“Nocturnes,” Debussy’s choice of words as the title of the three-movement suite, largely reflects his new outlook. What he clearly did not wish to convey is any connection with traditional Germanic concepts of sonata, symphony, or the like. He sought a new, flexible title that was basically neutral in that regard. So, he used the term that goes back in musical history to compositions that originally evoked the night, but later came to refer to groups of movements intended to be played outdoors by an ensemble as a kind of serenade. Later, the Irish pianist John Field innovated the term for his brief piano studies in one mood, as did others, notably Chopin after him. The point is that generally a single mood is the sole focus for a nocturne. Debussy admirably explored three quite different ones in his three for orchestra. But perhaps the single most influential factor in his choice is associated with the great American painter, James McNeil Whistler, who lived, studied, and worked in Paris in the nineteenth century. Whistler appropriated the musical term for a series of paintings (interesting enough, originally called “moonlights”) that evoke maritime scenes at night, using washes of delicate colors. Debussy definitively acknowledged the inspiration for his composition in Whistler’s paintings.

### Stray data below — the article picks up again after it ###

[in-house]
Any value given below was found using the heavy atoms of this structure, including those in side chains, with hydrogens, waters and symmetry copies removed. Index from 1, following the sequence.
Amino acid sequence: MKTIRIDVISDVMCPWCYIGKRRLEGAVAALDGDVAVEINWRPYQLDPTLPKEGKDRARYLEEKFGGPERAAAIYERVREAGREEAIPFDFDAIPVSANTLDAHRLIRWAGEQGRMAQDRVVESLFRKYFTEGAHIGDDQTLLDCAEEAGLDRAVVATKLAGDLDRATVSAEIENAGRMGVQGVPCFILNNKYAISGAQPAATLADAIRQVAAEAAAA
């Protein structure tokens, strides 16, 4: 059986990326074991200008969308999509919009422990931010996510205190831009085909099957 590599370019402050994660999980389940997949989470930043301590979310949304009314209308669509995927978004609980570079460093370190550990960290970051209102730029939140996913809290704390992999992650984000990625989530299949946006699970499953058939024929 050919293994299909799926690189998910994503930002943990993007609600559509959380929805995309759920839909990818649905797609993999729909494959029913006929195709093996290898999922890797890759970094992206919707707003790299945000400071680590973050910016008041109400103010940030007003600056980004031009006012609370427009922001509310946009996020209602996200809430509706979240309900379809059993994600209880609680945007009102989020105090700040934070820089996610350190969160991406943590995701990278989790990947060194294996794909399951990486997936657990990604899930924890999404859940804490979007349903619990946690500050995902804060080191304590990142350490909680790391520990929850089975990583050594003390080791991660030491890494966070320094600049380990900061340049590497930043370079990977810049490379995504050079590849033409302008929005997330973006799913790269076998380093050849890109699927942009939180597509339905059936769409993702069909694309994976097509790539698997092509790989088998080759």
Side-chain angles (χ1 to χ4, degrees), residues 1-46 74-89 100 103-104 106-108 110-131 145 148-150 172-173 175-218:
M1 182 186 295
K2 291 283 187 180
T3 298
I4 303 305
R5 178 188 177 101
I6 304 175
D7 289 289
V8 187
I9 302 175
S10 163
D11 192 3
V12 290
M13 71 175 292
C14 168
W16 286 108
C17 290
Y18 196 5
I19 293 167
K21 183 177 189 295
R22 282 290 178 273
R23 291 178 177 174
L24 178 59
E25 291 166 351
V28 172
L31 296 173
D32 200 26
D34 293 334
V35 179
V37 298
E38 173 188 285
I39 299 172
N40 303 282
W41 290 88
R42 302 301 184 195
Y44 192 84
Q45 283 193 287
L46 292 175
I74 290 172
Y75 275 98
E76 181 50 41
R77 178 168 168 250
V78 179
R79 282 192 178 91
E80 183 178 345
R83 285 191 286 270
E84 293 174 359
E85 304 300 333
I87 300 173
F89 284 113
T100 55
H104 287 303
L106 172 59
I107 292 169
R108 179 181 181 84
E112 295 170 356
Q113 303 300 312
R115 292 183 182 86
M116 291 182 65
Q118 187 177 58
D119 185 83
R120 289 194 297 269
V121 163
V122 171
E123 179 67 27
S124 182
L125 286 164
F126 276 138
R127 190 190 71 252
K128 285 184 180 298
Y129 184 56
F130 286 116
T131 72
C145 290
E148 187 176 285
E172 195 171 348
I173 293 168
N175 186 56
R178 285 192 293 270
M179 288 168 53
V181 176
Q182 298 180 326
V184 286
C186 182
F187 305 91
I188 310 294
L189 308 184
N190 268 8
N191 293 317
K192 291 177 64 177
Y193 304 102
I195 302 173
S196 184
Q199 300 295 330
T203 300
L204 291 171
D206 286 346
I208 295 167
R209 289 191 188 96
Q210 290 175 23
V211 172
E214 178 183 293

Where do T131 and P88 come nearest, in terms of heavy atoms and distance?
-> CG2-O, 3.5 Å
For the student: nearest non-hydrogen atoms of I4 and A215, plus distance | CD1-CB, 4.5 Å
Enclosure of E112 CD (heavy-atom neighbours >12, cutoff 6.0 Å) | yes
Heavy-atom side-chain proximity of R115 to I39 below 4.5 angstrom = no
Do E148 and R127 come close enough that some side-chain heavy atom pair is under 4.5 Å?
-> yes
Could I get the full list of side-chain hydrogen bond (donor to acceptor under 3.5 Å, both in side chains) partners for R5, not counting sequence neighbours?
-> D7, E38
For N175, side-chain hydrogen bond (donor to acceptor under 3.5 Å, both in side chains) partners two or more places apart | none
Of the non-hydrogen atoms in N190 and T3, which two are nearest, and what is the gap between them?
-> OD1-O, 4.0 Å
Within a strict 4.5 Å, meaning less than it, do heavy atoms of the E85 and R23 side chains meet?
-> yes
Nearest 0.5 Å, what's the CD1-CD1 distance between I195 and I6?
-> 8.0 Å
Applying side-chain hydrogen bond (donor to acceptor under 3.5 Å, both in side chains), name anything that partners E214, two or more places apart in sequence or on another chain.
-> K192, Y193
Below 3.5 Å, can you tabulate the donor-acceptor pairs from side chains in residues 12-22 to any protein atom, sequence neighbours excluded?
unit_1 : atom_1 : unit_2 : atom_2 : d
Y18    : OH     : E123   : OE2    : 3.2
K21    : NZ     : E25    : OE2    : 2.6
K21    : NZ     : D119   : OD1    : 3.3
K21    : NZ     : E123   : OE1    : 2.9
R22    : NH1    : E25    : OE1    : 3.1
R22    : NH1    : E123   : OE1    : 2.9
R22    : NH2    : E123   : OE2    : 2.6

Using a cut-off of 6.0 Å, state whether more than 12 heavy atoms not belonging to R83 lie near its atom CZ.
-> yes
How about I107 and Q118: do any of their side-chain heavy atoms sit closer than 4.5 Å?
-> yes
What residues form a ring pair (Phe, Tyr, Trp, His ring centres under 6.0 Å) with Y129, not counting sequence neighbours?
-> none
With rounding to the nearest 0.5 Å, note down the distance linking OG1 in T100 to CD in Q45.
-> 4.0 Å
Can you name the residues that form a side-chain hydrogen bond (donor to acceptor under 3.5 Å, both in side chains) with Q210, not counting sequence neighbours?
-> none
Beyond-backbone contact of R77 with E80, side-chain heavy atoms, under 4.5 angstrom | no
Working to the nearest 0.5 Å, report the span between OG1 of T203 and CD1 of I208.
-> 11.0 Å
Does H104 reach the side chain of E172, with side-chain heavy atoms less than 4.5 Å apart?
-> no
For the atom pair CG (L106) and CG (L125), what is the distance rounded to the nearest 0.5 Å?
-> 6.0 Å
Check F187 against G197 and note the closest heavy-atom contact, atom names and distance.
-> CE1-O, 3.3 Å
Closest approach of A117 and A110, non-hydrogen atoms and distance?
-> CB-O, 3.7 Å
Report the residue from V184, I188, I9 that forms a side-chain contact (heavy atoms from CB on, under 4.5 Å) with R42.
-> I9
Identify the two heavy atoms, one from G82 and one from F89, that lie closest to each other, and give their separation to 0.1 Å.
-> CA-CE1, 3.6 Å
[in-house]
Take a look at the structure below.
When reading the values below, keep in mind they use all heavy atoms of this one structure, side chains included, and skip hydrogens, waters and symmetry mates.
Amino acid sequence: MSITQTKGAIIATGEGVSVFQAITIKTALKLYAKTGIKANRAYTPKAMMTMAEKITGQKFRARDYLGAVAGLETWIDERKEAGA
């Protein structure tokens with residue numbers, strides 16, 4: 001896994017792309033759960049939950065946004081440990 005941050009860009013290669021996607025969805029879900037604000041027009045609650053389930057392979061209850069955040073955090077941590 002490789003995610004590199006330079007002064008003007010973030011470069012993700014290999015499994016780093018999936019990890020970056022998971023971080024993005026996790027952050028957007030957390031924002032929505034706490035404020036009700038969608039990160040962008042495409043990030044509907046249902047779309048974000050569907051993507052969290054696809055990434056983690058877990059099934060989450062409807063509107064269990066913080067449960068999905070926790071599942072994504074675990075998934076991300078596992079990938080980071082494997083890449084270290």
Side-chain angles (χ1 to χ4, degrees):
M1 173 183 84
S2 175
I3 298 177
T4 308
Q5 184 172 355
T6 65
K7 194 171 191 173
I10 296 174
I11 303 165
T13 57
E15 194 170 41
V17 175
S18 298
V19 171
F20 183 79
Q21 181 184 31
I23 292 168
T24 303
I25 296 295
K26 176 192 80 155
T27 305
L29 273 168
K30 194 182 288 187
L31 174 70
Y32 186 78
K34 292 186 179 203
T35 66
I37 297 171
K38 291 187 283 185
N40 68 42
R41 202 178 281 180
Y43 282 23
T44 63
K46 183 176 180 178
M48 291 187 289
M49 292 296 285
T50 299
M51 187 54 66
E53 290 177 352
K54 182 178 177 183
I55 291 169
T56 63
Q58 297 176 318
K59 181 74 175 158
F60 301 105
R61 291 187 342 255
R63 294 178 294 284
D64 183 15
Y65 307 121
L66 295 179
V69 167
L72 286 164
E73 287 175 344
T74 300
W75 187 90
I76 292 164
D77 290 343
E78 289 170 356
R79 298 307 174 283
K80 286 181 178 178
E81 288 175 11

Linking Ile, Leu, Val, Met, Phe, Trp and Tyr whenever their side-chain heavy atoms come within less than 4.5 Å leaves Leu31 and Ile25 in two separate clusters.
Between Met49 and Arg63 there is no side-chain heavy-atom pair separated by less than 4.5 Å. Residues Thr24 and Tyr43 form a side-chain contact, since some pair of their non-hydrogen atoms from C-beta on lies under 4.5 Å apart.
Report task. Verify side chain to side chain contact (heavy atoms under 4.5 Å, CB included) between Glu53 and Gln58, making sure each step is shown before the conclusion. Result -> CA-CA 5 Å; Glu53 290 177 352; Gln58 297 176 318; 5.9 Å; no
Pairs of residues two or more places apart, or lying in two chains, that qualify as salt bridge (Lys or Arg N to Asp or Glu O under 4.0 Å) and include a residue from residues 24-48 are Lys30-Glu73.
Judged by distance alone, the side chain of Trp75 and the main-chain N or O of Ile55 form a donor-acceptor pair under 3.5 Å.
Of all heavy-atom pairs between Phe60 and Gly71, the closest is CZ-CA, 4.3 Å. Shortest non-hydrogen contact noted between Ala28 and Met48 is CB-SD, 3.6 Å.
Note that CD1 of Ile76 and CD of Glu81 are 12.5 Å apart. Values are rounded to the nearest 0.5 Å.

Debussy’s three movements are entitled Nuages, Fêtes, and Sirènes. He left us specific comments about them, so we understand rather well what he had in mind in each. Nuages (clouds) depicts the serene immutable floating of clouds in the sky, a delicate study in the infinite varieties of grays and white. The exploration of such relationships was fundamental to the work of Whistler: for example, the real title of “Whistler’s Mother” of is “Arrangement in Grey and Black,” and that the title of another significant work of his was “Symphony in White, No. 1.”
The second movement, Fêtes (festivals), depicts just that, but not one that should evoke a specific place and time, rather the idea of a universal one, with dancing rhythms and splashes of comet-like light. A sonorous procession (listen for the muted trumpets) interrupts in the middle, but the splashy, vivacious mood of the beginning returns.
The last movement, Sirènes, is a seascape, replete with a wordless women’s chorus that depicts the Sirens, the alluring bird-women, who seduce unwary sailors to death and destruction. Debussy frequently treated the human voice as a unique addition to the palette of orchestral colors, and this is yet again more evidence of the supreme imagination by which French composers exploited and enlarged the resources of the orchestra. The undulating rhythms of the sea, familiar to us in Debussy’s great La Mer, combine here with the shimmering sound of the Sirens’ song to complete the trilogy.
Program Notes by Dr. William E. Runyan, ©2023